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Air Pollution from Utah Coal-fired Power Plant Targeted
“Once again, the Environmental Protection Agency has given the Bonanza coal-fired power plant a free pass to pollute,” said Jeremy Nichols, WildEarth Guardians’ Climate and Energy Program Director. “This is about standing up for our clean air,which shouldn’t take a backseat to coal.”
In an appeal filed with the U.S. Environmental Appeals Board, Guardians challenged the U.S. Environmental Protection Agency’s issuance of a Clean Air Act operating permit for the Bonanza coal-fired power plant,which is owned and operated by the Deseret Power Co-op.
The 500-megawatt power plant located southeast of Vernal, Utah, has a 600-foot tall smokestack that every year spews millions of tons of toxic air pollution, including nitrogen oxides,sulfur dioxide, particulate matter, mercury, lead, and carbon dioxide.
In 2013, the plant released 9,228 tons of nitrogen oxides, equal to the amount released annually by one million passenger vehicles (according to the Environmental Protection Agency, an average passenger vehicles releases 18.2 pounds of nitrogen oxides annually). It’s also the fourth largest source of greenhouse gas emissions in the state of Utah.
Built in the early 1980’s, the power plant has for years escaped regulation. In 2000, the plant was upgraded to burn more coal. Under the Clean Air Act, this project required Deseret to install the “best available” pollution controls. Deseret never did so, and has been operating out of compliance with the Clean Air Act ever since.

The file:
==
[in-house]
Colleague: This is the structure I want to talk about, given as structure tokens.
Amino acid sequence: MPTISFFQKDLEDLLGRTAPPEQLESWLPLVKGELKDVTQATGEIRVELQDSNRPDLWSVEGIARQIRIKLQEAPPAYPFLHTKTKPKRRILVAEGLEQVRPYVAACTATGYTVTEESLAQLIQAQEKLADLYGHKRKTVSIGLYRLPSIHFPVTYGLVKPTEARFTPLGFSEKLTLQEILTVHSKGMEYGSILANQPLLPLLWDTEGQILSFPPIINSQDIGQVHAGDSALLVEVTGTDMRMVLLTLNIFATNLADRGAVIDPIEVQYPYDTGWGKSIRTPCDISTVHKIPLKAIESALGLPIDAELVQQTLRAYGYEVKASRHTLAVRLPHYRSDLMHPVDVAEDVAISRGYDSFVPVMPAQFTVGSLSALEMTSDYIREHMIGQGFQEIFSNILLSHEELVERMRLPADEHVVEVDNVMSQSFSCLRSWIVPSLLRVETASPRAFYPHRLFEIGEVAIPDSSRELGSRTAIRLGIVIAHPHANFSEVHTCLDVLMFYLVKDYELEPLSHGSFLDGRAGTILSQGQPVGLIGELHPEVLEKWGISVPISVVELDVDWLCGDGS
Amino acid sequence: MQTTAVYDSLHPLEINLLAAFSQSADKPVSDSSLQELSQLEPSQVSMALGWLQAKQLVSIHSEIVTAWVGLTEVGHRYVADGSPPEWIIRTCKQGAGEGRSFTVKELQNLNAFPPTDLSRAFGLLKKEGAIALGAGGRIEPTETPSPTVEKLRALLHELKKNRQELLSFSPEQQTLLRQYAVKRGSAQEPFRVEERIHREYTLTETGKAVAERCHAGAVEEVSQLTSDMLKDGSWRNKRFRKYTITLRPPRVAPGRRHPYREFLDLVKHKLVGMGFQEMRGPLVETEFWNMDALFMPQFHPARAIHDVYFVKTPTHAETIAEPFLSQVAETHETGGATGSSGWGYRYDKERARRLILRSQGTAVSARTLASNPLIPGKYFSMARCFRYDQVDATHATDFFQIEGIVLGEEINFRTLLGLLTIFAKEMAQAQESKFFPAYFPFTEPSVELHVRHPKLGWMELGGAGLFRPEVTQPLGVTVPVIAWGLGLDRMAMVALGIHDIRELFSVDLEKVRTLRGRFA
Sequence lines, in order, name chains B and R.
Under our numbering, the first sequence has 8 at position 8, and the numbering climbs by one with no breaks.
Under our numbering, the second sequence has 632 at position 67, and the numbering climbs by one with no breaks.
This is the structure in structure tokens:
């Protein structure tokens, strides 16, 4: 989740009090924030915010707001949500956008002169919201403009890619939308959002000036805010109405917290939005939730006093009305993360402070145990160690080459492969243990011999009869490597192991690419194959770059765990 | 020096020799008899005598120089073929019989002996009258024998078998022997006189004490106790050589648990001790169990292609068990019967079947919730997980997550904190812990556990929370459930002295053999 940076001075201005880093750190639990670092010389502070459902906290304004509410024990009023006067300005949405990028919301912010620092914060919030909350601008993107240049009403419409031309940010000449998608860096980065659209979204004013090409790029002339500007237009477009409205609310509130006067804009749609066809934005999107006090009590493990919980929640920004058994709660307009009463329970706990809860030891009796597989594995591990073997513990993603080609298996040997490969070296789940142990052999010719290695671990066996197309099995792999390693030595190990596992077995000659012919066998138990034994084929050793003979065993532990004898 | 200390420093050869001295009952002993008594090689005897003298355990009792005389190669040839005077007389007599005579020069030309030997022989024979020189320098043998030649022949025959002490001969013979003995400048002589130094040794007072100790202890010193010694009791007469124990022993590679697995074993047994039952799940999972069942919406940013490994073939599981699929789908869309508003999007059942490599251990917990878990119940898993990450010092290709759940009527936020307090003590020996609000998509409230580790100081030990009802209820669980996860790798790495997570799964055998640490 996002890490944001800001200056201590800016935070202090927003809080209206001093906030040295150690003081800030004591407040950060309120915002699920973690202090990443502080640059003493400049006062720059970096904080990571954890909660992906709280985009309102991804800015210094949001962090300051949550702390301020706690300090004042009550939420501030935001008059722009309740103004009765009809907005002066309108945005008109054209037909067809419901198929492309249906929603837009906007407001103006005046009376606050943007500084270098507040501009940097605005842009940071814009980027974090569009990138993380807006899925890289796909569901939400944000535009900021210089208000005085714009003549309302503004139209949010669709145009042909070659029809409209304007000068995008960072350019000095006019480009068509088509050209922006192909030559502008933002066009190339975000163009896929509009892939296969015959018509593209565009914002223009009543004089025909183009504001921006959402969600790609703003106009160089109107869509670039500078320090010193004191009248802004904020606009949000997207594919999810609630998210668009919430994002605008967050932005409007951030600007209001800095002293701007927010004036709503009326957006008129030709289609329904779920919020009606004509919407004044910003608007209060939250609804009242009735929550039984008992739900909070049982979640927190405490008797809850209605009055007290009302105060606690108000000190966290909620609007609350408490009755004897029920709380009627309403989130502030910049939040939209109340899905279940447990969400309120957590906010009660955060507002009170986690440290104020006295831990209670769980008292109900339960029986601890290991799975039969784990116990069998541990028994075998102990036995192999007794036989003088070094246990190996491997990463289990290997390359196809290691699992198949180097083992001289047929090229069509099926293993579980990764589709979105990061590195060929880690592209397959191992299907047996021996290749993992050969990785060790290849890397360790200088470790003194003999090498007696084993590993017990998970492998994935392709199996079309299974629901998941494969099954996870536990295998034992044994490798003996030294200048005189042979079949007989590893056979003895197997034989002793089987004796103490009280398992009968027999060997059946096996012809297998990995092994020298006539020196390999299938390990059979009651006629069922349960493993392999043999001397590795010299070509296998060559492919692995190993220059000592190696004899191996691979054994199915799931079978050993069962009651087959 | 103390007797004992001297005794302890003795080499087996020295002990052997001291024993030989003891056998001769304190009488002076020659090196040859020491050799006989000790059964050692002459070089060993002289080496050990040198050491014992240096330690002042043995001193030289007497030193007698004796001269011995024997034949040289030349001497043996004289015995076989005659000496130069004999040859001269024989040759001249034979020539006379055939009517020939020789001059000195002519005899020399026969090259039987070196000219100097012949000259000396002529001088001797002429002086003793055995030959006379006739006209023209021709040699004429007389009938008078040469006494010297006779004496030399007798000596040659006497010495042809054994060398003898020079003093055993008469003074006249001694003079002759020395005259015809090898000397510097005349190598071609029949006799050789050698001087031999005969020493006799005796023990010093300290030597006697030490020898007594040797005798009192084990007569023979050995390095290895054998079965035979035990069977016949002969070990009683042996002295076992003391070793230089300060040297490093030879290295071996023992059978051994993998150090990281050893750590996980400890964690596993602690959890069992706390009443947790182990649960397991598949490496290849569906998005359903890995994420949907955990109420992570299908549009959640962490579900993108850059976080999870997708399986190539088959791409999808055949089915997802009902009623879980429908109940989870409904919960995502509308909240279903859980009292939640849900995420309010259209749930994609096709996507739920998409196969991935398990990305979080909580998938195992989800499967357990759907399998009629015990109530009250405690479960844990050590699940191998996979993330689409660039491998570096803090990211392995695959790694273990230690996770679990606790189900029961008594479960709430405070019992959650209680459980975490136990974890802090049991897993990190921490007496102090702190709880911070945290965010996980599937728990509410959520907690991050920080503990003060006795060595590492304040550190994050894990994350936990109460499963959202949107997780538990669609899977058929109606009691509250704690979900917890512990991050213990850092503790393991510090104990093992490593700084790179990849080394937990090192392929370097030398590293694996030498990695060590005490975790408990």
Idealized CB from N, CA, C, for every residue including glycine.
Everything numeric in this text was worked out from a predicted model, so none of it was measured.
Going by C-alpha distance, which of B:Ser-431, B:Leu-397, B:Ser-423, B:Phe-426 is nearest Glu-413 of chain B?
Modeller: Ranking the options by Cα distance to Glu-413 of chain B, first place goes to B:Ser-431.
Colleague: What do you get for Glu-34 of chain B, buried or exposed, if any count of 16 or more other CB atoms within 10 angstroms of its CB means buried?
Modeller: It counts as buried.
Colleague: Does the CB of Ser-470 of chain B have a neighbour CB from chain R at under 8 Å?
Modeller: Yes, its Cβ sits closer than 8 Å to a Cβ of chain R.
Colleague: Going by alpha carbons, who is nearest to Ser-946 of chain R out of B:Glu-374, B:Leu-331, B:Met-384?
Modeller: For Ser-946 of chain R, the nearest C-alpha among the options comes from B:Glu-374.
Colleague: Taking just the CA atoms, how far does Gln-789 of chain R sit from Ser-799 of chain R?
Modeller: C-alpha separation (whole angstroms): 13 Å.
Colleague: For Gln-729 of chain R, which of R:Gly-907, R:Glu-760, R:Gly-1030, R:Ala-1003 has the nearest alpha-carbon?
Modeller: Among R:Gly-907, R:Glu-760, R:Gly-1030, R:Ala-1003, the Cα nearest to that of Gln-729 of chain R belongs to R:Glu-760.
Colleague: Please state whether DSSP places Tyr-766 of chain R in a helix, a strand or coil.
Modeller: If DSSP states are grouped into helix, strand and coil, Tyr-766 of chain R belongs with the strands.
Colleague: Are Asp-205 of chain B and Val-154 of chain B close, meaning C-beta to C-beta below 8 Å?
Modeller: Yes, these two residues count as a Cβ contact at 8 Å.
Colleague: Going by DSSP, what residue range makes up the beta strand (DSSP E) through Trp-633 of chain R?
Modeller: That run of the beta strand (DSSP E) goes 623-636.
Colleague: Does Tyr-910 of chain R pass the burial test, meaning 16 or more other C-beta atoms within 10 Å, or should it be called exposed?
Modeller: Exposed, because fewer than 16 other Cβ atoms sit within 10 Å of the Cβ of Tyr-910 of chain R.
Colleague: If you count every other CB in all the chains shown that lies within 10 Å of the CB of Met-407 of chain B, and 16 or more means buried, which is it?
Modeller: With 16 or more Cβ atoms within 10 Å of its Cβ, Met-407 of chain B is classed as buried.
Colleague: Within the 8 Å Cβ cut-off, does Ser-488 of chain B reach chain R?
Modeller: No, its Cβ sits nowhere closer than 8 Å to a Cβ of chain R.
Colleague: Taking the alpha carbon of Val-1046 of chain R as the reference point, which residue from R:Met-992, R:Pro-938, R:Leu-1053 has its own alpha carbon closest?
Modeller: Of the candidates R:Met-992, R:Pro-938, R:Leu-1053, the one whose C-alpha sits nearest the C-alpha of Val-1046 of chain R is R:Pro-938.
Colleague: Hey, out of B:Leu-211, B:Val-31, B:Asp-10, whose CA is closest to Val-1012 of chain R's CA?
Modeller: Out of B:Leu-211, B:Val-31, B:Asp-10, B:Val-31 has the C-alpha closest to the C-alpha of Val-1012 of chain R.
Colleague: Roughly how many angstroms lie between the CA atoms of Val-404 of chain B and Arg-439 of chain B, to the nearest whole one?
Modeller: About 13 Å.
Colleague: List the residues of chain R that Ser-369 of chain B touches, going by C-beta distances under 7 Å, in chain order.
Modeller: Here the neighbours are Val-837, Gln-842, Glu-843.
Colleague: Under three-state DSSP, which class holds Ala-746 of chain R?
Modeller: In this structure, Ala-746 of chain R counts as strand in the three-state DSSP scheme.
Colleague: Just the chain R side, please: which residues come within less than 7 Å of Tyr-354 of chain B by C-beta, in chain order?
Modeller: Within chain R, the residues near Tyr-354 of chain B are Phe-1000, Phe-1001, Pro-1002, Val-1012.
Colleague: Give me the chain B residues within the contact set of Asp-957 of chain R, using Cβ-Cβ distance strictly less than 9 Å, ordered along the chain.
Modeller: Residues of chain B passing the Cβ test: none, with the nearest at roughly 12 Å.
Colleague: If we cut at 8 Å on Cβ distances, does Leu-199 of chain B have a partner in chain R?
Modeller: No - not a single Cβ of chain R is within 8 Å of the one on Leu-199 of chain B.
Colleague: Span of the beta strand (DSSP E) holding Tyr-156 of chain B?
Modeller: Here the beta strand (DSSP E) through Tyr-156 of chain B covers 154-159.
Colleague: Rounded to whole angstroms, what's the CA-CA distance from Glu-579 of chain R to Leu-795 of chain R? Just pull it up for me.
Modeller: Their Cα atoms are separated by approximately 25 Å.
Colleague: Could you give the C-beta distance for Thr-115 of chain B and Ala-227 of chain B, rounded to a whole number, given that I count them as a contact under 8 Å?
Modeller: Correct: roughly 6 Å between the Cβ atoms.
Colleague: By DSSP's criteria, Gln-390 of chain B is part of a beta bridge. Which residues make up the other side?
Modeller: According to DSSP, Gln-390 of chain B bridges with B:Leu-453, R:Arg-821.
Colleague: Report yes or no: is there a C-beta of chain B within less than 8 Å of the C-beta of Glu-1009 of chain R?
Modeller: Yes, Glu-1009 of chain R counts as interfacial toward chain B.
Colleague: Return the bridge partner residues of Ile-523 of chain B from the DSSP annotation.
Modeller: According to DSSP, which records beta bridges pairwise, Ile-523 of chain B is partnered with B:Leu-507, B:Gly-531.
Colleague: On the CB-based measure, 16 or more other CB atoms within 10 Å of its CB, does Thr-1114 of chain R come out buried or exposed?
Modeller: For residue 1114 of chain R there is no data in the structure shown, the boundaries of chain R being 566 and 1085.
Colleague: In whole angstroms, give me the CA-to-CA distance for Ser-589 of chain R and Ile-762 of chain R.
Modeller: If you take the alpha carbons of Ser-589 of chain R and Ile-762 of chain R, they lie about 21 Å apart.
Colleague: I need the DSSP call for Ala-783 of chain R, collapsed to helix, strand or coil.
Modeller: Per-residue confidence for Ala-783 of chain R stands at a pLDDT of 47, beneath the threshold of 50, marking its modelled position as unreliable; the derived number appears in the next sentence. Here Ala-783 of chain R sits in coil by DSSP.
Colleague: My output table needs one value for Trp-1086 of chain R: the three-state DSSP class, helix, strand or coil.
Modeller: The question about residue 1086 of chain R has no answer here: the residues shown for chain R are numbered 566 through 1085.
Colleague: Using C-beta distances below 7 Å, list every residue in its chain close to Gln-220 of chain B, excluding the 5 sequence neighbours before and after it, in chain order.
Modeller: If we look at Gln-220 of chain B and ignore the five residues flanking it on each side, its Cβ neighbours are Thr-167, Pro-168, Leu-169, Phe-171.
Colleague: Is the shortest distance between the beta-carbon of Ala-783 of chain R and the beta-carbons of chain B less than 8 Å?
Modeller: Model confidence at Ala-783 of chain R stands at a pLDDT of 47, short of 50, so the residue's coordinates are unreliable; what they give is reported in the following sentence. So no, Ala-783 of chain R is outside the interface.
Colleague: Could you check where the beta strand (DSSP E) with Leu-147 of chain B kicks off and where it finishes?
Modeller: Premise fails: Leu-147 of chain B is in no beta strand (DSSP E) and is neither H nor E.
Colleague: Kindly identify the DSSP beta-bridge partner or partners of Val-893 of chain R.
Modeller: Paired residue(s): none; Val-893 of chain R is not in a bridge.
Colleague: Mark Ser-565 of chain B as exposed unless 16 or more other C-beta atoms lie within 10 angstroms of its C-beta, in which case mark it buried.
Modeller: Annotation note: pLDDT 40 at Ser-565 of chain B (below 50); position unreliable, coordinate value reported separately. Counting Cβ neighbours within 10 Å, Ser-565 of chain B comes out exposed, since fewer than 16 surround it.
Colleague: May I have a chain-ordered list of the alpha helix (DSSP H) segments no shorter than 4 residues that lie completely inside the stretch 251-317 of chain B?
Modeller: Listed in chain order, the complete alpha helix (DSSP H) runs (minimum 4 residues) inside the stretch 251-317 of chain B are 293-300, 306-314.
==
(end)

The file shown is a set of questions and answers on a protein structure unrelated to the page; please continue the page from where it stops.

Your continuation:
After being sued by WildEarth Guardians, in December, the Environmental Protection Agency issued a 25-year overdue permit governing the operation of the Bonanza power plant. Under the federal Clean Air Act, the permit was supposed contain provisions to bring the power plant back into compliance and ensure Deseret installed the “best available” pollution controls it failed to install in 2000.
While acknowledging that Deseret illegally upgraded the Bonanza power plant in 2000, the Environmental Protection Agency’s permit failed to contain any such provisions.
“The permit condones ongoing violations of the Clean Air Act, allowing Deseret to continue filling our air with illegal air pollution,”said Nichols. “This reckless permitting action needs to be overturned and the Environmental Protection Agency ordered to stop turning its back on our health.”
WildEarth Guardians’ appeal was filed with the Environmental Appeals Board, an administrative review body of the Environmental Protection Agency. A decision is likely bymid-2015.
WildEarth Guardians is a nonprofit environmental organization dedicated to protecting and restoring the wildlife, wild rivers, and wild places of the American West. Through its Climate and Energy Program, the organization works to safeguard clean air from fossil fuels. Guardians has offices throughout the West.